Column from November 23rd, 1998

Haven’t got a lot of news to share with you this week, but seeing as we’re approaching the end of the year, I thought it might be a suitable point to reflect on the health of the melodic rock scene in general…

Have things improved in the US in 1998? I guess not really, it’s pretty much as you were – new bands still can’t get a decent deal. But radio is slowly waking up to new material and some of the recent tours have been successful, if modest.

Japan and Europe are still the main bastions of melodic rock, but I’m beginning to be a little concerned with some of the trends in Europe. All the European labels seem to have at least one new release every other week and are effectively swamping the market. It’s like some splatter gun effect, in the hope that one release makes it big and rakes in the money…. But, this policy never seems a label get properly behind individual bands as most new releases are forgotten about almost as soon as they’re out. Too many of them sound the same, and very few of the labels have the guts to release something that doesn’t sound like someone else or has a known "name" on it….

I’m just not convinced that the majority of the European labels are putting enough back into the music. 99% of the time they don’t have to pay for the recordings, as the bands pay for it themselves or its old material that’s been sitting on the shelf for years – the term "unreleased album" will soon be a redundant term, as everything with any connection to a half way decent band will have been dusted off and released!

Don’t get me wrong, these labels are keeping the music alive, for the moment, but the longer we remain in a "specialist label" situation catering for the same small group of buyers then melodic rock is always going to be underground – as it has been for rather a long time now. Some of these labels have to soon move on the next stage rather than just being content to make cash here and there off average sales and licensing deals to Japan!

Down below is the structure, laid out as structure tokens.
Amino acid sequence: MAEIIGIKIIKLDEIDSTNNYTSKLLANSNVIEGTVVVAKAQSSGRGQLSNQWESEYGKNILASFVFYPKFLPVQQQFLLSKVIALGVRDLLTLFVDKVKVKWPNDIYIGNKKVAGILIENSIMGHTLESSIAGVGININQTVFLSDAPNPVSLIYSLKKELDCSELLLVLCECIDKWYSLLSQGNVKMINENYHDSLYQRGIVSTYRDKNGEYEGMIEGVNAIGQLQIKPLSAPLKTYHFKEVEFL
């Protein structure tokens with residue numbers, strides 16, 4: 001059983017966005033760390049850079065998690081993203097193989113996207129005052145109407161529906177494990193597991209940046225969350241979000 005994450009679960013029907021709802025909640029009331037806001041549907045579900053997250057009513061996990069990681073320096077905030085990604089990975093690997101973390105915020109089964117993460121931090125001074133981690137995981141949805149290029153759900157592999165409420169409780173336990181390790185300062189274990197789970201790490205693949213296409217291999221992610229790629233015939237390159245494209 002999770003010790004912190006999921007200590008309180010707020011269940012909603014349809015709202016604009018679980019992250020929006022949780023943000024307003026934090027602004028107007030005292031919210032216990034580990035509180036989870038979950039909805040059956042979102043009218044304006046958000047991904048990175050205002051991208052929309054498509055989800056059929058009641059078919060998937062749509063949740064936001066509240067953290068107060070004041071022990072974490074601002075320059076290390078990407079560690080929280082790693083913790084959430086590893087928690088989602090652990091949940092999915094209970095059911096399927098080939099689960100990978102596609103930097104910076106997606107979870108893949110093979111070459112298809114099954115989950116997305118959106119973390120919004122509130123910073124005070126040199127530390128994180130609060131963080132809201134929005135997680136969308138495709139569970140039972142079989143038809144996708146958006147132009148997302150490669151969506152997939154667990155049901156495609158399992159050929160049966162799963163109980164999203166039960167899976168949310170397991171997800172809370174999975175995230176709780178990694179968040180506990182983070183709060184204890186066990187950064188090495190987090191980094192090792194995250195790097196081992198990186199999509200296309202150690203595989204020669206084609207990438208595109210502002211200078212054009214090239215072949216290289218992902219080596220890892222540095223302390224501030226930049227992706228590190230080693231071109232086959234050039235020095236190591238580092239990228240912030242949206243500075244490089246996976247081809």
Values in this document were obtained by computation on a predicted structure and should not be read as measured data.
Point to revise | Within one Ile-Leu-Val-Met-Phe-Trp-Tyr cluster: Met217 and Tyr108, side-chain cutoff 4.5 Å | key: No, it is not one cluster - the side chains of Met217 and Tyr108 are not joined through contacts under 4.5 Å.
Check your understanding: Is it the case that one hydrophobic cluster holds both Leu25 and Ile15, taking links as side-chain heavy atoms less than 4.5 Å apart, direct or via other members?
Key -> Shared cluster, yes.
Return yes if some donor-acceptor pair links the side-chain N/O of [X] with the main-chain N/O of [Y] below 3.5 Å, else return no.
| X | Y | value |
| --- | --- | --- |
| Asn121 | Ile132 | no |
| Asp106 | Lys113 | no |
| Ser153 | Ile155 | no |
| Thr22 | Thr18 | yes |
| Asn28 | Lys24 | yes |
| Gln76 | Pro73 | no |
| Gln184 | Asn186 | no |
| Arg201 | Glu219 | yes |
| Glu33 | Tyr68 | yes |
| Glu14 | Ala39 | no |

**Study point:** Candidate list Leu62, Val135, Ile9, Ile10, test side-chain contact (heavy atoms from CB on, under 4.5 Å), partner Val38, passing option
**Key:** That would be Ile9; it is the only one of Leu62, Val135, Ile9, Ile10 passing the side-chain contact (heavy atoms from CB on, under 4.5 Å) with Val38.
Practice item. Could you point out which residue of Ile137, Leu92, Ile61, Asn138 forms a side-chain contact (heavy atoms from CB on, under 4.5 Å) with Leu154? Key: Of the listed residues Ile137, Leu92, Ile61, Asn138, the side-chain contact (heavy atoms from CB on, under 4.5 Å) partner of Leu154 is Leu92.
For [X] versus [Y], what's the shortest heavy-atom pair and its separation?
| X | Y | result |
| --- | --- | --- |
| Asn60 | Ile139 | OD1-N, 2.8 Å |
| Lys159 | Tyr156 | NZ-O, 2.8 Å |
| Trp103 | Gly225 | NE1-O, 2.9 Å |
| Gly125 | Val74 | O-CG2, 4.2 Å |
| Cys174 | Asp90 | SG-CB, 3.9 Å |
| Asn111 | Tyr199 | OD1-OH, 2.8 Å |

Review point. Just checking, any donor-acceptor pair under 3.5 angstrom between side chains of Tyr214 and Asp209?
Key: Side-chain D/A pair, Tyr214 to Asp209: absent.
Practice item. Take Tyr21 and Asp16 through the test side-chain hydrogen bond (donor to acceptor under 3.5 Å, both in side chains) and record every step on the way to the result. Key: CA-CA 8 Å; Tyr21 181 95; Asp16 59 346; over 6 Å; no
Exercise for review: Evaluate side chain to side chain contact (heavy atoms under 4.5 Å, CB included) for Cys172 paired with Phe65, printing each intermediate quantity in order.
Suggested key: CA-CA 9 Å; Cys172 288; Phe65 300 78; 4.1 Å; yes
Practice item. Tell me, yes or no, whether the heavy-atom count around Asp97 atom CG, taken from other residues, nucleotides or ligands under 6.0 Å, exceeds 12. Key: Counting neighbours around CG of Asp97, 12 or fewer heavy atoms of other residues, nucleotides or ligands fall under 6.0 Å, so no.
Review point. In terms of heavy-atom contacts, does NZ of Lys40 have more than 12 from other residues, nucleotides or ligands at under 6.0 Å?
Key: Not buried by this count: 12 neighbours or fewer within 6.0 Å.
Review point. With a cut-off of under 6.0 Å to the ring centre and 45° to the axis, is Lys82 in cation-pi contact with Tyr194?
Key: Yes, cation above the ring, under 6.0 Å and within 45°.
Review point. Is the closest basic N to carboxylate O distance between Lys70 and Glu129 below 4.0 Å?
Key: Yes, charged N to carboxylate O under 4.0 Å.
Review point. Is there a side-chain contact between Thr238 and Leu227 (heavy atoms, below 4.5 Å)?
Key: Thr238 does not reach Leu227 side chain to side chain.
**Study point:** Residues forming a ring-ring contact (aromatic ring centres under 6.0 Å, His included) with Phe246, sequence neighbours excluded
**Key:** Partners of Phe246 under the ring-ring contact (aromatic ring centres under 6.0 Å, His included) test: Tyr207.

Can the market ever turn around and get melodic rock back with a higher profile? Not without major label support. On the face of it Seagram’s takeover of Polygram and subsequent merger with Universal would make for an idea "musicians label" with Doug Morris at the helm, but in effect you’re basically ending up with three major labels dominating the whole market. There’s not much middle ground anymore between a tiny independent and a lumbering major. The majors have also grown so big that they lead each other around the noses and sign the same things rather than trying to see their own path. Like almost every other current major business, labels are run by bean-counters and pen-pushers, rather than anyone with vision and creativity.

If that’s not depressed you completely, you’ll find some new reviews at the AOR Basement site at http://www.aorbasement.com/ and more are on the way. Would the legions of Webmasters out there please note the new URL and update their links accordingly – many thanks…